I disagree with the indictment.

The indictment says that I committed disorderly conduct motivated by religious hatred and enmity and by the hatred of Orthodox Christians. I fundamentally don't understand this statement. Our performance aimed to attract the attention of the Russian clergy and the rector of Cathedral of the Christ the Savior, patriarch Kirill. We are representatives of our generation, and we are at a loss after his actions and appeals.

We wanted and want a dialogue. We know that there is no other way to get an audience with any representative of the church authority because of the security, who, ironically, are victims in our case. We wanted to get f[ather] Kirill's attention because we wanted to ask him about his calls to vote for Vladimir Putin [during the presidential election of 4 March 2012]. I am an Orthodox Christian, but I stick to the other political views, and my question is: what should I do?

As a representative of my generation, I also have questions about the relationship of the church and the state to f[ather] Kirill. I sincerely would like to get answers to these questions from f[ather] Kirill, relying on his wisdom. I thought that the Church loved its children, but dual standards turned out to be present here as well: the Church loves only those children who believe in Putin. I never thought that the Russian Orthodox Church was to call for faith in any president; I thought its role was to call for the faith in God.
It important for me to understand whether the Church is growing along with the society or it remains a conservative institution. In the search for an answer, I did not expect a repressive and inquisition-like reaction. Therefore, I consider the prosecution claims of our criminal motive unfounded. We did not have such motive. The rehearsal recordings show that we aimed for a minute-and-a-half performance of which we actually performed forty seconds.
To say that the forty-second performance undermined the centuries-old foundations is absurd.
Further, the prosecution argues that we intentionally bought clothes for this performance. The materials of our case directly refute this point. Tights and dresses are a part of the Pussy Riot image, and the balaclavas, named in the indictment "masks", are not a disguise, but a conceptual element of our image. Pussy Riot does not want to focus attention on girl's appearances, but creates characters who express ideas.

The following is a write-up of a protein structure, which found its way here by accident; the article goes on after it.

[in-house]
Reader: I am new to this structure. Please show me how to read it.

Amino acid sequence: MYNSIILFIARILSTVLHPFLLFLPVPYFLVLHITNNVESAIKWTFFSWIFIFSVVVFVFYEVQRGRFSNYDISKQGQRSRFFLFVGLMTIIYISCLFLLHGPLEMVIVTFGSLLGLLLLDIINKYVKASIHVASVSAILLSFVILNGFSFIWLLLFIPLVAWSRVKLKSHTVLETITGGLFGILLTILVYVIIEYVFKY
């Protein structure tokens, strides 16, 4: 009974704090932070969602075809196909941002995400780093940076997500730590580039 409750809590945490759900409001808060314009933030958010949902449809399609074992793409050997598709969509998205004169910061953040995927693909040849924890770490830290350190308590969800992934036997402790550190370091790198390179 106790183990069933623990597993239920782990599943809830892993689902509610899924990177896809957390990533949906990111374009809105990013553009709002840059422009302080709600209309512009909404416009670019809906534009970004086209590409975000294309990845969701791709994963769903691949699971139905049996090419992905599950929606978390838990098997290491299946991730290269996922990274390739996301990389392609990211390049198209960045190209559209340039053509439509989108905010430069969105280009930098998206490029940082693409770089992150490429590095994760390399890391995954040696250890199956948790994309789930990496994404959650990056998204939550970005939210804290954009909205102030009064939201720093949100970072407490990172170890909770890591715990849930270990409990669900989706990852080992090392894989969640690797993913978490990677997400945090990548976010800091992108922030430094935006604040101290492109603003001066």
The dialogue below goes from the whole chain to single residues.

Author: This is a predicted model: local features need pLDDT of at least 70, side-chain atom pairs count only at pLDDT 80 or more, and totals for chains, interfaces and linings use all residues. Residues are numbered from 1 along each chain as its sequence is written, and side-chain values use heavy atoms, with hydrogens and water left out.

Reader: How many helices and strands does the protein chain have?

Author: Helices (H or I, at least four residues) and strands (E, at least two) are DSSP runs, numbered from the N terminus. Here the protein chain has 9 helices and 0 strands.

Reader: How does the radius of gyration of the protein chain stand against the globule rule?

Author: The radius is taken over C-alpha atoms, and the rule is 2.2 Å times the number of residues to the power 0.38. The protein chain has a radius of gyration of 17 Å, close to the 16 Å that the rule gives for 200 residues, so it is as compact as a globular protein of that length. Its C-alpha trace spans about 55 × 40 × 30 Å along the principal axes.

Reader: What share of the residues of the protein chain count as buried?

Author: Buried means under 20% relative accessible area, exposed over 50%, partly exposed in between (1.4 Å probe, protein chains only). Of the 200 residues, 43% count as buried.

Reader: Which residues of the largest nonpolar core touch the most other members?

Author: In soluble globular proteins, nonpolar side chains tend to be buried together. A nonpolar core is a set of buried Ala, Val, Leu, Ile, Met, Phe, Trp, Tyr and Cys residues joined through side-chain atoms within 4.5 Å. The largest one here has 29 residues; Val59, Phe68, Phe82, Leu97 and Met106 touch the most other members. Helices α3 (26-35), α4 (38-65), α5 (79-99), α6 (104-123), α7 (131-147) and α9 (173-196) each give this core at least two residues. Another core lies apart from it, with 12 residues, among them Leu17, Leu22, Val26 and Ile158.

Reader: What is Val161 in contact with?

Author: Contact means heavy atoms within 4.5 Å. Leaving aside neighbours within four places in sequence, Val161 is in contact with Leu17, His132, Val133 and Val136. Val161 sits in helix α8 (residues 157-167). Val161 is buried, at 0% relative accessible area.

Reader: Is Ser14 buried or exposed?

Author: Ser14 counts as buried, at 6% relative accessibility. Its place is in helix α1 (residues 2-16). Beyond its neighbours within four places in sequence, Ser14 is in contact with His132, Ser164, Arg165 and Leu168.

We chose the day of our performance purposefully. It was Maslenitsa, the Butter Week, with its tradition of dressing up and dancing. We came to the Cathedral outside of the hours of service or any celebratory activities, which indicates that we did care about the church calendar.
The prosecution alleges that we violated the order based on our hatred and enmity of religion and the hatred of the Orthodox Christians. I think this is a fantasy, and I have already explained our motivation above. In no way could I have imagined the scale of the reaction that exists today. It was not me who organized the broadcasts on the federal television channels, where we were labeled as sacrilege-makers and provokers. It remains unclear to me why all this has happened and is still happening. Moreover, I think it's the organizers of such TV programs depreciate the Russian Orthodox tradition when they argue that the three girls could do something to the spiritual foundation of the state, even more so with the God; this is especially true because my friends and I repeatedly tried to make piece between our supporters and those who condemn us. If religious people are offended by the fact that we climbed into the fenced pulpit, treating it like a stage, then for that I apologize. We did it because we did not know the internal church rules.

If our six-month imprisonment was required to explain these rules to us in detailed, then I can confidently say we understood and learned them.

Everything I said above is an ideological question about the indictment presented to me, the very statement of which I consider absurd because I am a citizen of a secular state. All my deeds and misdeeds, I believe, should be viewed in the legal realm. I consider our performance an administrative offense, however it was transferred to the legal realm due to the influence from administrative, political, or religious elites. I ask an independent court to conduct an independent investigation and establish the truth.

Once again, I claim that I never had any religious hatred of the Orthodox Christianity.

Original document: